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Old 01-07-2013, 05:02 PM   #5
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ogden , Utah
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Welcome to the group.

You will find lots of support here and from what I have seen friendships too.

I wish you lots of fun....can't imagine how anyone living in the big city could deal with storage, security and such.

Best of luck to you
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Old 01-07-2013, 10:11 PM   #6
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Hey Everyone! Thanks so much for getting back to me.

Scott - thanks for the recommendation on the book. Looks like a really great way to start wrapping my mind around some of this. I will likely buy it on my kindle tonight and start reading it.

Paula - You make some great points. I actually have a place in mind upstate NY where the trailer would pretty much live. I'm more keen to use it as a get away than something I would tow around and use to camp in different places. This way, it would be less about storing somewhere like Jersey and actually heading up for long weekends/several days at a time to do work on it.

I have some, albiet limited, experience with early 90's, pretty dumpy RV's. I learned pretty quickly how temperamental and frustrating they can be to operate and maintain. With this in mind, the prospect still is exciting to me. But I know I have much to learn, and I would like to be as educated as possible before I go out making any offers, etc.

As folks continue to read this, if you have experience going 'full-monte' (ha ha) I'd love to exchange some PM's with you.

Protohyp - thanks for the message earlier. Looking forward to chatting tomorrow.

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Old 01-08-2013, 10:13 AM   #7
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If you visit some of the parks upstate (that's north of the GW bridge to most of you in NYC), you'll find that there are quite a few folks who rent space and just keep their trailer parked as a weekend getaway. While I am a devout Airstream owner, if I were only going to park and not travel, I don't think I'd spend the $ for an Airstream. And, interestingly, you will only rarely see an Airstream used for this purpose: why? $. I'd bet most of us with an Airstream feel kind of sad to see one of these "never travel" trailers. Airstreams are best if you take them out to stretch their legs, which is what most of us do. Having said that, I had an Aunt and Uncle who bought their Airstream in the 50's and parked it lakeside for more than 20 years. It made a couple of annual vacation trips, but lived its life primarily as a lakeside cottage. The trailer (a Trade Wind) had a full, frame-off restoration by my brother-in-law, and is now in full operation.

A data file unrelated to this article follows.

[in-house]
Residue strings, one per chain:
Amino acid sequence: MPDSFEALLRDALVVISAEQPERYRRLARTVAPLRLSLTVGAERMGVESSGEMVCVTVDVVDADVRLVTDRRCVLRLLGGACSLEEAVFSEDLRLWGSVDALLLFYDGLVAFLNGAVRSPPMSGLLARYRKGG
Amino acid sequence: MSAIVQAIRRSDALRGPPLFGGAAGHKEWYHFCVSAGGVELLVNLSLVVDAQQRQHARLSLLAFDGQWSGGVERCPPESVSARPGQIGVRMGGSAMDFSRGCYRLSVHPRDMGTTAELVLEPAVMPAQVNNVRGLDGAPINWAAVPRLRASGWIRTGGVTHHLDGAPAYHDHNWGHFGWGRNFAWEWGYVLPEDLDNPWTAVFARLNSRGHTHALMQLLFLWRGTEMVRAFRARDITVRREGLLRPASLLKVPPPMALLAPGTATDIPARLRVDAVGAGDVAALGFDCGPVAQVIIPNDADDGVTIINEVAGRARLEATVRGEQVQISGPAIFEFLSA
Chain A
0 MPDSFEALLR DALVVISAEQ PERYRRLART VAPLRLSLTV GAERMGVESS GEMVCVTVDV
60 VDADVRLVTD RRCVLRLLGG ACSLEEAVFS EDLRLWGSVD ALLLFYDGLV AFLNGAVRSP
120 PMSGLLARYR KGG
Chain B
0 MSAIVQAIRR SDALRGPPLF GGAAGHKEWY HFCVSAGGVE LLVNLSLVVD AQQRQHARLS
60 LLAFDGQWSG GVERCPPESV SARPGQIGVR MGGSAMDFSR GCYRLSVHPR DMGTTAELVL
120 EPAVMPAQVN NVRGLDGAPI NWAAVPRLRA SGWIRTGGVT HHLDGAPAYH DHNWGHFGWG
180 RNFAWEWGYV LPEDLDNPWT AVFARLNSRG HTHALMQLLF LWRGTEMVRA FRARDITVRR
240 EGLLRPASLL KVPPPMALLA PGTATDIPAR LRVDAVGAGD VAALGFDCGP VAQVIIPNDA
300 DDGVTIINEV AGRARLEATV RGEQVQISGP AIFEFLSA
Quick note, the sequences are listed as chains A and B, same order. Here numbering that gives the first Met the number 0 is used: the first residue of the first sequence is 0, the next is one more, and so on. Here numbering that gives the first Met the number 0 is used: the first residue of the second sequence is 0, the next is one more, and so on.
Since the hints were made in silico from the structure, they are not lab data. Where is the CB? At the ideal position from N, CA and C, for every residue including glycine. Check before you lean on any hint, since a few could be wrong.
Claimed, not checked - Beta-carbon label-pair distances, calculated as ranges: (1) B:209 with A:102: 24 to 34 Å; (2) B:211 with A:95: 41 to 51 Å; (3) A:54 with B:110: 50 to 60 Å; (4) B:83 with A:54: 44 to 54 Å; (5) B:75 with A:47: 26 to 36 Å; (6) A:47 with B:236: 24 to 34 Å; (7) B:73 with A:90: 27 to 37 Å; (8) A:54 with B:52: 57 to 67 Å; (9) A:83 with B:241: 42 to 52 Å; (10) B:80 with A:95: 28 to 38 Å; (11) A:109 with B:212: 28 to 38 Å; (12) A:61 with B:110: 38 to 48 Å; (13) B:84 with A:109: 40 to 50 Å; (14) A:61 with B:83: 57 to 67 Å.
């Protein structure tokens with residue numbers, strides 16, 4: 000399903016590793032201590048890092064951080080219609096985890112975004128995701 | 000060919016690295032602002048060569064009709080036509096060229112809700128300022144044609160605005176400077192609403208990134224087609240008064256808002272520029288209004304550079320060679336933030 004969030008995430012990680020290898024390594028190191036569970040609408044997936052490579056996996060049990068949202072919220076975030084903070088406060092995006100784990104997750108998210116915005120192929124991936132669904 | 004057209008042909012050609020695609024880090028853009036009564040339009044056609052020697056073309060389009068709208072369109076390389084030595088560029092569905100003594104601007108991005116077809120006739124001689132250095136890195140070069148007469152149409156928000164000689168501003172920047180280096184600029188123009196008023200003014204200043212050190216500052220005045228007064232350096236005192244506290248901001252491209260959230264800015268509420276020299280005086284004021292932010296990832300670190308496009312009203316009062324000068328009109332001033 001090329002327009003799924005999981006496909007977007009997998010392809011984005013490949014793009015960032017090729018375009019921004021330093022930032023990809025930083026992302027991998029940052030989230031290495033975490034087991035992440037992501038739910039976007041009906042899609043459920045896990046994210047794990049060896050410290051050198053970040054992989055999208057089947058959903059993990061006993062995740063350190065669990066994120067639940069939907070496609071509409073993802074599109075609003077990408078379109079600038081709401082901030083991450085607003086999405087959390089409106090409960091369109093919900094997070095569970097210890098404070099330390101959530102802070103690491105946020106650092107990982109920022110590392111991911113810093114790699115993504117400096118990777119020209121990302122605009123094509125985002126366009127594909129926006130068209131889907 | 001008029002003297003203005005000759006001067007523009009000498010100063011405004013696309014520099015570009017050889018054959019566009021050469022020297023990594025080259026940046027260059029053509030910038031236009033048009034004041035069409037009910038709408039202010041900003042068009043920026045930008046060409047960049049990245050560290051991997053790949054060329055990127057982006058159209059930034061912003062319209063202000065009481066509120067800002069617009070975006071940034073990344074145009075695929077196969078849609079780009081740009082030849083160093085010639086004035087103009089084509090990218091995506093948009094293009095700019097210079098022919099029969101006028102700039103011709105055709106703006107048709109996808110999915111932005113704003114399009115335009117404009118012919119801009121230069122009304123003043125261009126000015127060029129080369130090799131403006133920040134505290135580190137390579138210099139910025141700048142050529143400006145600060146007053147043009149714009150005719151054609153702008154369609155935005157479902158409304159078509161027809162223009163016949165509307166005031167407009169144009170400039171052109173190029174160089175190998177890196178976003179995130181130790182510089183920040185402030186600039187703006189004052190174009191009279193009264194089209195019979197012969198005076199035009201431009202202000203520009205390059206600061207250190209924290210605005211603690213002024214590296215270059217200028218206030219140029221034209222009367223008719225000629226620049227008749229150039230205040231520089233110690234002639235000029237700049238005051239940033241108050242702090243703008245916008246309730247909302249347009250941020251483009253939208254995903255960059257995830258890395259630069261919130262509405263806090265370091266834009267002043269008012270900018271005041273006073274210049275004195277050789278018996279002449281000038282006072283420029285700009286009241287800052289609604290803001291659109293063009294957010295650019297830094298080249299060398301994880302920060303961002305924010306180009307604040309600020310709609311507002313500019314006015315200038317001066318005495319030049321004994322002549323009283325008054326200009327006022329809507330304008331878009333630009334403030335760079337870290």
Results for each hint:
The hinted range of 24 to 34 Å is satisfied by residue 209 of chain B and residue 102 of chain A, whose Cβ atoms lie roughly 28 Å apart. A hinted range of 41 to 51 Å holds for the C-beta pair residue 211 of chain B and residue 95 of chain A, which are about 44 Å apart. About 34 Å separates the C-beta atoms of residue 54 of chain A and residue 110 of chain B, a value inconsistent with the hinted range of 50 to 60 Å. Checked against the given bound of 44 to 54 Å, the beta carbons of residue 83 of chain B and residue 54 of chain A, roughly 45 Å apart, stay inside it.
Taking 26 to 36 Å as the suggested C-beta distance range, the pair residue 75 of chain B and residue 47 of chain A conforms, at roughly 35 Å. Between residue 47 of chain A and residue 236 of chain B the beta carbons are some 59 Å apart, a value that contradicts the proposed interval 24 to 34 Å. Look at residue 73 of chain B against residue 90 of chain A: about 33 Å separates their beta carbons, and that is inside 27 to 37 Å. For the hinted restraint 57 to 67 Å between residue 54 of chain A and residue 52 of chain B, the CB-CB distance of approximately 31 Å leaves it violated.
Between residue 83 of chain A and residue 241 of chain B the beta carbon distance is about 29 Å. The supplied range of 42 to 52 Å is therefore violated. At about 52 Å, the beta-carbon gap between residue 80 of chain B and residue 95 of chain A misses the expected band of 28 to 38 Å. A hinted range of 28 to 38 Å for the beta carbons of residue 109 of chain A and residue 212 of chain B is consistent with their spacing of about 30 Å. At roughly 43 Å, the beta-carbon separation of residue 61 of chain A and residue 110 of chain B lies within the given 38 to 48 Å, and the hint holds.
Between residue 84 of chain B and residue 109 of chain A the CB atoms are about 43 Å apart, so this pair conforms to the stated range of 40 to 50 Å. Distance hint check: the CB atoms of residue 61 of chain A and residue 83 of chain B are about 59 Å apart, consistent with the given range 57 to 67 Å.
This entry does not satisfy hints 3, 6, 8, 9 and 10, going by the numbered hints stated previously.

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Old 01-08-2013, 11:59 AM   #8
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I agree with Paula! Go see Lauren and Patrick at Colonial. We just purchased our AS from them this past November! Good luck!
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Old 01-09-2013, 10:27 AM   #9
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Hey Phil

Great talking to you yesterday. I hope you are able to make your decision based on some of the info that I gave you. Again I think you being single, self employed and some knowledge of construction gives you a leg up on most others. It doesnt mean frustration won't set in or that the fire wont die but all that depends on you. Whatever the choice feel free to call me anytime.

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Old 01-09-2013, 10:43 AM   #10
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Welcome to the forums. Now you have done it (found us). Aren't you glad you did.

If I were living in NYC I can just imagine the draw to having your own trailer to go to, your little oasis out of town. Good luck in your search.